Sir Cumference and the Off-the-Charts Dessert

Sir Cumference and the Off-the-Charts Dessert

by Cindy Neuschwander, Wayne Geehan

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The eighth book in the popular Sir Cumference series, SIR CUMFERENCE AND THE OFF-THE-CHARTS DESSERT introduces readers to different methods of collecting data. Sir Cumference and Lady Di of Ameter are in a pickle. The castle cook is sick and the Harvest Faire is coming up—who will make the special dessert for this annual event? Two bakers in town, Pia of…  See more details below


The eighth book in the popular Sir Cumference series, SIR CUMFERENCE AND THE OFF-THE-CHARTS DESSERT introduces readers to different methods of collecting data. Sir Cumference and Lady Di of Ameter are in a pickle. The castle cook is sick and the Harvest Faire is coming up—who will make the special dessert for this annual event? Two bakers in town, Pia of Chartres and Bart Graf, are up to the task. But after sampling Pia’s delicious pies and Bart’s scrumptious cookies, Sir Cumference and Lady Di just can’t choose! They come up with a solution: hold a contest and let the townspeople choose the dessert to be served at the faire. When Pia and Bart’s methods of tracking their votes fail, they each realize they need to come up with a better system. Pia places a colored candy around the edges of a pie dough and Bart stacks his cookie molds—each color candy or mold shape represents a different kind of pie or cookie. Thus, the pie chart and bar graph are born! But when the contest ends in a tie, Pia and Bart concoct a hybrid recipe that everyone enjoys.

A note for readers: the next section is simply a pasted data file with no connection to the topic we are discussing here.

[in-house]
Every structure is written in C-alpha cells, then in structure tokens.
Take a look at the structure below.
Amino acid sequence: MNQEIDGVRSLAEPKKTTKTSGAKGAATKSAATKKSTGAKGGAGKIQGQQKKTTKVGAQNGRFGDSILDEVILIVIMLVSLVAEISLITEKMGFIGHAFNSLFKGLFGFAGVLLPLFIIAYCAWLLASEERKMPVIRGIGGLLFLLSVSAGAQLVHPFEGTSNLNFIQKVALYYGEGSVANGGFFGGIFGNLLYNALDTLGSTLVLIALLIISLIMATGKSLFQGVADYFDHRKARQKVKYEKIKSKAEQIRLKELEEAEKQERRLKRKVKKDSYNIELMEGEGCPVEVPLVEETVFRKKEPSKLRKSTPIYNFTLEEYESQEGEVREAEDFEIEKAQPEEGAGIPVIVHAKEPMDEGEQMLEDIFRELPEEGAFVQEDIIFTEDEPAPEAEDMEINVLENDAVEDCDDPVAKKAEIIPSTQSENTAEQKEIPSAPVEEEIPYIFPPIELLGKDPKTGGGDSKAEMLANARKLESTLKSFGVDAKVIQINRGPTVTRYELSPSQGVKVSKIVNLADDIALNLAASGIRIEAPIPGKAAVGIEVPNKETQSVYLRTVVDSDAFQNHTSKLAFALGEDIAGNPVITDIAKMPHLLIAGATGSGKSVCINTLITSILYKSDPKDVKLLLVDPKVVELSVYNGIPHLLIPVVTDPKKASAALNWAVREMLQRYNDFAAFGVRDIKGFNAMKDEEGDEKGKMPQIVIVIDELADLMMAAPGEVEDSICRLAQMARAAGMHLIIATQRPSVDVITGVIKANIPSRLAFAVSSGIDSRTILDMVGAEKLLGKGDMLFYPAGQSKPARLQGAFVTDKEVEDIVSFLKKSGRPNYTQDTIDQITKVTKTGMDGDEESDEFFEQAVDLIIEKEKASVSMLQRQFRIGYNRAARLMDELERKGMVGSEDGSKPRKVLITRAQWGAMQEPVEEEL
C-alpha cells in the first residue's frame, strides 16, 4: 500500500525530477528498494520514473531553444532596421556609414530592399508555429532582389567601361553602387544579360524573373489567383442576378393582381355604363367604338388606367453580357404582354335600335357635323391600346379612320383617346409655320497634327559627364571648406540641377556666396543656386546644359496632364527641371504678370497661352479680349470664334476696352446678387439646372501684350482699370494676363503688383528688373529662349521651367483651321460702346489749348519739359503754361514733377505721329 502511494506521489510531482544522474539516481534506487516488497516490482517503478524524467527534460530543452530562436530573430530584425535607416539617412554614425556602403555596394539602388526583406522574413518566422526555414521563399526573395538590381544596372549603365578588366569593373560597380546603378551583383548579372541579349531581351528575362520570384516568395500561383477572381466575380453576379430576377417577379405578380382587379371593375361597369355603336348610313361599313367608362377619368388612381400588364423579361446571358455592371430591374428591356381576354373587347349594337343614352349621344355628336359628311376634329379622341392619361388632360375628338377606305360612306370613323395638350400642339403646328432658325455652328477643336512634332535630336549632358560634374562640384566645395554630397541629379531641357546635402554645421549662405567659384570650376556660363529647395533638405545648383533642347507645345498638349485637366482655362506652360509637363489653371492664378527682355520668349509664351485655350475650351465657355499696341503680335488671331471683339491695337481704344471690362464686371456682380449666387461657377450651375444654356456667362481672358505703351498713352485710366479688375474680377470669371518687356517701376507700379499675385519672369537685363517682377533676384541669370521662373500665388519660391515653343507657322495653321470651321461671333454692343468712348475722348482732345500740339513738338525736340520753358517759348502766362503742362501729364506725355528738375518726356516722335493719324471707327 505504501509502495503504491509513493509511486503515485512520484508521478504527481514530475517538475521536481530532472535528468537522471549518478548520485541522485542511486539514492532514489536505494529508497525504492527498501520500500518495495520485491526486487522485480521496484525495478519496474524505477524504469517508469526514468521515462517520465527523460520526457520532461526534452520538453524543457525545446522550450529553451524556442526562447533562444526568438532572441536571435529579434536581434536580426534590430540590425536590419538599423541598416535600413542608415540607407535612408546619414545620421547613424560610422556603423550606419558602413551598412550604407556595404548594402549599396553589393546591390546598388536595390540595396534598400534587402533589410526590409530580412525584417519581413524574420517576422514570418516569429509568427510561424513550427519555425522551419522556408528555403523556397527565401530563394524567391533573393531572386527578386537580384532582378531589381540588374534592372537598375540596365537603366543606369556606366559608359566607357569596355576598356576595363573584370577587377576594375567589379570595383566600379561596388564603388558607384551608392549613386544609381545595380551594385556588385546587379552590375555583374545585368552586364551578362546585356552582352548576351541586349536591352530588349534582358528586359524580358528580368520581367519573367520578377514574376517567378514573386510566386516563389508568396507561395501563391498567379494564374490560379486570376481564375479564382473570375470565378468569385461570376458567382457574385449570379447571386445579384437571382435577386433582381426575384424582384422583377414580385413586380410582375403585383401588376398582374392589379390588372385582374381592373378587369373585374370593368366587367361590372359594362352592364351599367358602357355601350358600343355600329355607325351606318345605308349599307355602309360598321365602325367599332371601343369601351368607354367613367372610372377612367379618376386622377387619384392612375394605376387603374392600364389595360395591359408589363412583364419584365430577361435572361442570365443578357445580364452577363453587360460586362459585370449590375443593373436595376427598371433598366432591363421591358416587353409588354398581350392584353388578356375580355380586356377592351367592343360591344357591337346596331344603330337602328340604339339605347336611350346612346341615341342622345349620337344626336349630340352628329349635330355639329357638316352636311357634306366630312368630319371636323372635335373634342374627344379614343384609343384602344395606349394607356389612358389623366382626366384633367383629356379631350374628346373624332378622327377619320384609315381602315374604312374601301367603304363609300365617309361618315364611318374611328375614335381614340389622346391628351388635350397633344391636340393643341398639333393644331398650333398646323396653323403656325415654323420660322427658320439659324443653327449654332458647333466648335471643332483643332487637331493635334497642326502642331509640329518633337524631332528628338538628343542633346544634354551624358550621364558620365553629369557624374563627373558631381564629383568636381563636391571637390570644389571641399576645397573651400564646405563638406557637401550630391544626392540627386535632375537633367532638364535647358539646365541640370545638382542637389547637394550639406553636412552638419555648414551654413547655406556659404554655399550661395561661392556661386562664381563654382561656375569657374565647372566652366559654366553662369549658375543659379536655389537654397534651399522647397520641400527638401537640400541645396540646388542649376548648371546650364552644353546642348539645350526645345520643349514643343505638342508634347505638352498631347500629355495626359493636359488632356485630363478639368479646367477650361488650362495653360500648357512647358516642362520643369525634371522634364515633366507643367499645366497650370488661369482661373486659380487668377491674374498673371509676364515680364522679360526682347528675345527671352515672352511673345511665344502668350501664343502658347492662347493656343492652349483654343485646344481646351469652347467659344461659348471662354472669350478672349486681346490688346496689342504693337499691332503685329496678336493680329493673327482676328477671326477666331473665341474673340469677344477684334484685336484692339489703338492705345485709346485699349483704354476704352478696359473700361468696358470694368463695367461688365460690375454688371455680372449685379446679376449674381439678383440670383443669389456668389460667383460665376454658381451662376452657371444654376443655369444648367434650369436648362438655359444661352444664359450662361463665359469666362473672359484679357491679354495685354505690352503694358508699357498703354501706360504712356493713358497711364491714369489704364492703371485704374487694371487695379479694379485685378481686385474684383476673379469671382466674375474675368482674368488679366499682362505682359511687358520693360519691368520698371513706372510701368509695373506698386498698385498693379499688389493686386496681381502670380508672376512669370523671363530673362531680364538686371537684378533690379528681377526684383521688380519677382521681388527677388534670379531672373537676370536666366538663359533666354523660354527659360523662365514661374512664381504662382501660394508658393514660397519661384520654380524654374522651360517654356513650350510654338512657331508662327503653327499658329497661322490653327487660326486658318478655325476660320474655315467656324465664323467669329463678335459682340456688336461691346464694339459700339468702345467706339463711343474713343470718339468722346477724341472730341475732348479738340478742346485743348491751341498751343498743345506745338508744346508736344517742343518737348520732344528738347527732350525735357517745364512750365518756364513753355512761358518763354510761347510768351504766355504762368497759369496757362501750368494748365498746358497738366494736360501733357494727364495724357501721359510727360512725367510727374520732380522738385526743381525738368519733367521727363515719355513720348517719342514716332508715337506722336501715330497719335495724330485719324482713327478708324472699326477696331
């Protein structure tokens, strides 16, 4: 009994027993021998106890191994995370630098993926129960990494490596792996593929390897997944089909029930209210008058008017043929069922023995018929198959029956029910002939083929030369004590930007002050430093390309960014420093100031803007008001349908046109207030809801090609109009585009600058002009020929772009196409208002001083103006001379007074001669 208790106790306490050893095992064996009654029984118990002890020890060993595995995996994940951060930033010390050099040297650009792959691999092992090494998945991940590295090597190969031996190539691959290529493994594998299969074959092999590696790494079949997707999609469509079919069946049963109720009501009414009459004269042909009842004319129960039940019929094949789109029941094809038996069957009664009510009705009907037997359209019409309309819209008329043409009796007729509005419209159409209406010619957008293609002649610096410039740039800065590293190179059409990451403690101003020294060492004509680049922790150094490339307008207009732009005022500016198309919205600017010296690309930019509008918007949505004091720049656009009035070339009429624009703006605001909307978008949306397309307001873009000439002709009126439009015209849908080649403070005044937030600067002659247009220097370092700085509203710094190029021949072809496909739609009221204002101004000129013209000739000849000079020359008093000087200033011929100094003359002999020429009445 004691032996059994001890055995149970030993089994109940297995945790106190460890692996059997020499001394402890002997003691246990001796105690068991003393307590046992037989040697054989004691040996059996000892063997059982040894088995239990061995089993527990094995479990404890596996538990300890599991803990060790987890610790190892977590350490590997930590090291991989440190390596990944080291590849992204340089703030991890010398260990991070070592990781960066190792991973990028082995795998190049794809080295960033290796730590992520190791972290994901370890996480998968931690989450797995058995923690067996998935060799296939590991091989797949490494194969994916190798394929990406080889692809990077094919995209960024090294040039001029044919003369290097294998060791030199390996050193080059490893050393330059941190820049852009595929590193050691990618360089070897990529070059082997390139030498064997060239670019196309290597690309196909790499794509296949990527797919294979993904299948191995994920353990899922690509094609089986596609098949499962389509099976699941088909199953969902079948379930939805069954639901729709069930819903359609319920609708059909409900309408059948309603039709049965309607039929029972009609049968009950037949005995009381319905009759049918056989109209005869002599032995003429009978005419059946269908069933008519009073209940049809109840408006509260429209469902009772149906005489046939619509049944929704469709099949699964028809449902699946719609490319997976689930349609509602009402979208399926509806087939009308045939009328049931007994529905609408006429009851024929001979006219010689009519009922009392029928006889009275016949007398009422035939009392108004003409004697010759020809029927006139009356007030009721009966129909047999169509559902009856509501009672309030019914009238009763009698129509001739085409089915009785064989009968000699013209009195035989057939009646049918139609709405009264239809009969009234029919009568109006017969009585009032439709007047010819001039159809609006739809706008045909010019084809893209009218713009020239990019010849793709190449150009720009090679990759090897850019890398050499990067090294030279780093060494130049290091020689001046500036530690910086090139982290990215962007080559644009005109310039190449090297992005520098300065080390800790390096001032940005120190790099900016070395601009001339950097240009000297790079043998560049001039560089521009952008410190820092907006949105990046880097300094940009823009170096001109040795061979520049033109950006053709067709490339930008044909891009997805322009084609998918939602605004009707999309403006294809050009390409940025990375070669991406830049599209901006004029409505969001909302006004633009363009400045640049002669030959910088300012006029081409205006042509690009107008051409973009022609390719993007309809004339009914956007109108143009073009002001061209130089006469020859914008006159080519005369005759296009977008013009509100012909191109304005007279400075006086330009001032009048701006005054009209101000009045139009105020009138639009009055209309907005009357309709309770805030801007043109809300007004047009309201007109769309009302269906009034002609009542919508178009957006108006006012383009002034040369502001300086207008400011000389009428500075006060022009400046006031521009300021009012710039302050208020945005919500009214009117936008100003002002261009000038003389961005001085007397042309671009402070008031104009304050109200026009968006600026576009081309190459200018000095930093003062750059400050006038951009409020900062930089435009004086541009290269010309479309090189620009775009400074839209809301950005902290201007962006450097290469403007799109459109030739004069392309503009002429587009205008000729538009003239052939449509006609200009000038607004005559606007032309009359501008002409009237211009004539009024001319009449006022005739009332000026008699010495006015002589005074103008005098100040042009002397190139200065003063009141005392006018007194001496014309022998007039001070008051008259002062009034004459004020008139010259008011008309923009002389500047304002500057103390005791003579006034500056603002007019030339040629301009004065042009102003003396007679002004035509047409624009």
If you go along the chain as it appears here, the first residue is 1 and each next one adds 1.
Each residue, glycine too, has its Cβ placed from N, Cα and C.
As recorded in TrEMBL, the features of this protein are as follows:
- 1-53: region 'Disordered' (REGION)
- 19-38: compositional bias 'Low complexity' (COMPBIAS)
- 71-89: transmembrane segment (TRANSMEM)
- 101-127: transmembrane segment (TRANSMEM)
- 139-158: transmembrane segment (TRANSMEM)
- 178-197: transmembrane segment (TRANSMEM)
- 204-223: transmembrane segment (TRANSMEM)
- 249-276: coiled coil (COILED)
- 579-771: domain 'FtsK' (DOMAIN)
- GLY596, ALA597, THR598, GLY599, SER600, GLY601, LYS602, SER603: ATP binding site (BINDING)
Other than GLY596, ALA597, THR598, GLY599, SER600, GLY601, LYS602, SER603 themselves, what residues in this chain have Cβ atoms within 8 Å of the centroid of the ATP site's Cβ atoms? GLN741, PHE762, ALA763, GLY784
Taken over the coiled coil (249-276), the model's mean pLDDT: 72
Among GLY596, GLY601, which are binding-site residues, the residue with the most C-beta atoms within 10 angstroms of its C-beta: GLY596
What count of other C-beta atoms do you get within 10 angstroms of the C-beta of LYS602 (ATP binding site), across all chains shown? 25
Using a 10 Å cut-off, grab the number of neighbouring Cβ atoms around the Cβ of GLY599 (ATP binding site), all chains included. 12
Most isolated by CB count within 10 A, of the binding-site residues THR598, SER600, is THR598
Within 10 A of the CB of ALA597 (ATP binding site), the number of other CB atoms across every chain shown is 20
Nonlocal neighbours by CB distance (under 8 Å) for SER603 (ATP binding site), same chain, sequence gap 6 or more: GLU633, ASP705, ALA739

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Editorial Reviews

Children's Literature
Slim has always wanted to be a cowboy. He is so excited to finally be able to live out his dreams at the WJ Ranch that he commits it all to paper in beautiful poetry meant only for him (and the cows and horses who stop to listen as he recites under the night sky). When the cowboys find a stack of Slim's poems under his bedroll they insist he's not a real cowboy, and make him ride alone at the back of the herd during the next roundup. Slim is bound and determined to show the others that he is a real cowboy, but his attempts to ride, rope, and whip the herd into shape result in failure. Dejected, he heads for home, riding away from the herd and his dream. A sudden thunderstorm spooks the herd. They stampede toward Deadman's Canyon. In no time at all, they catch up with Slim, sweeping him along with them. Slim hangs on tight and begins reciting his poetry. The spooked cattle begin to calm down; he recites louder, and he is able to stop the herd at the edge of the cliff. With text filled with cowboy jargon, and watercolor and pencil drawings of the western desert landscape, this fun story will be a hit with would-be cowboys everywhere. An author's note about real cowboy poets and explanations of the cowboy slang follows the story. 2006, Charlesbridge, Ages 4 to 8.
—Pat Trattles
School Library Journal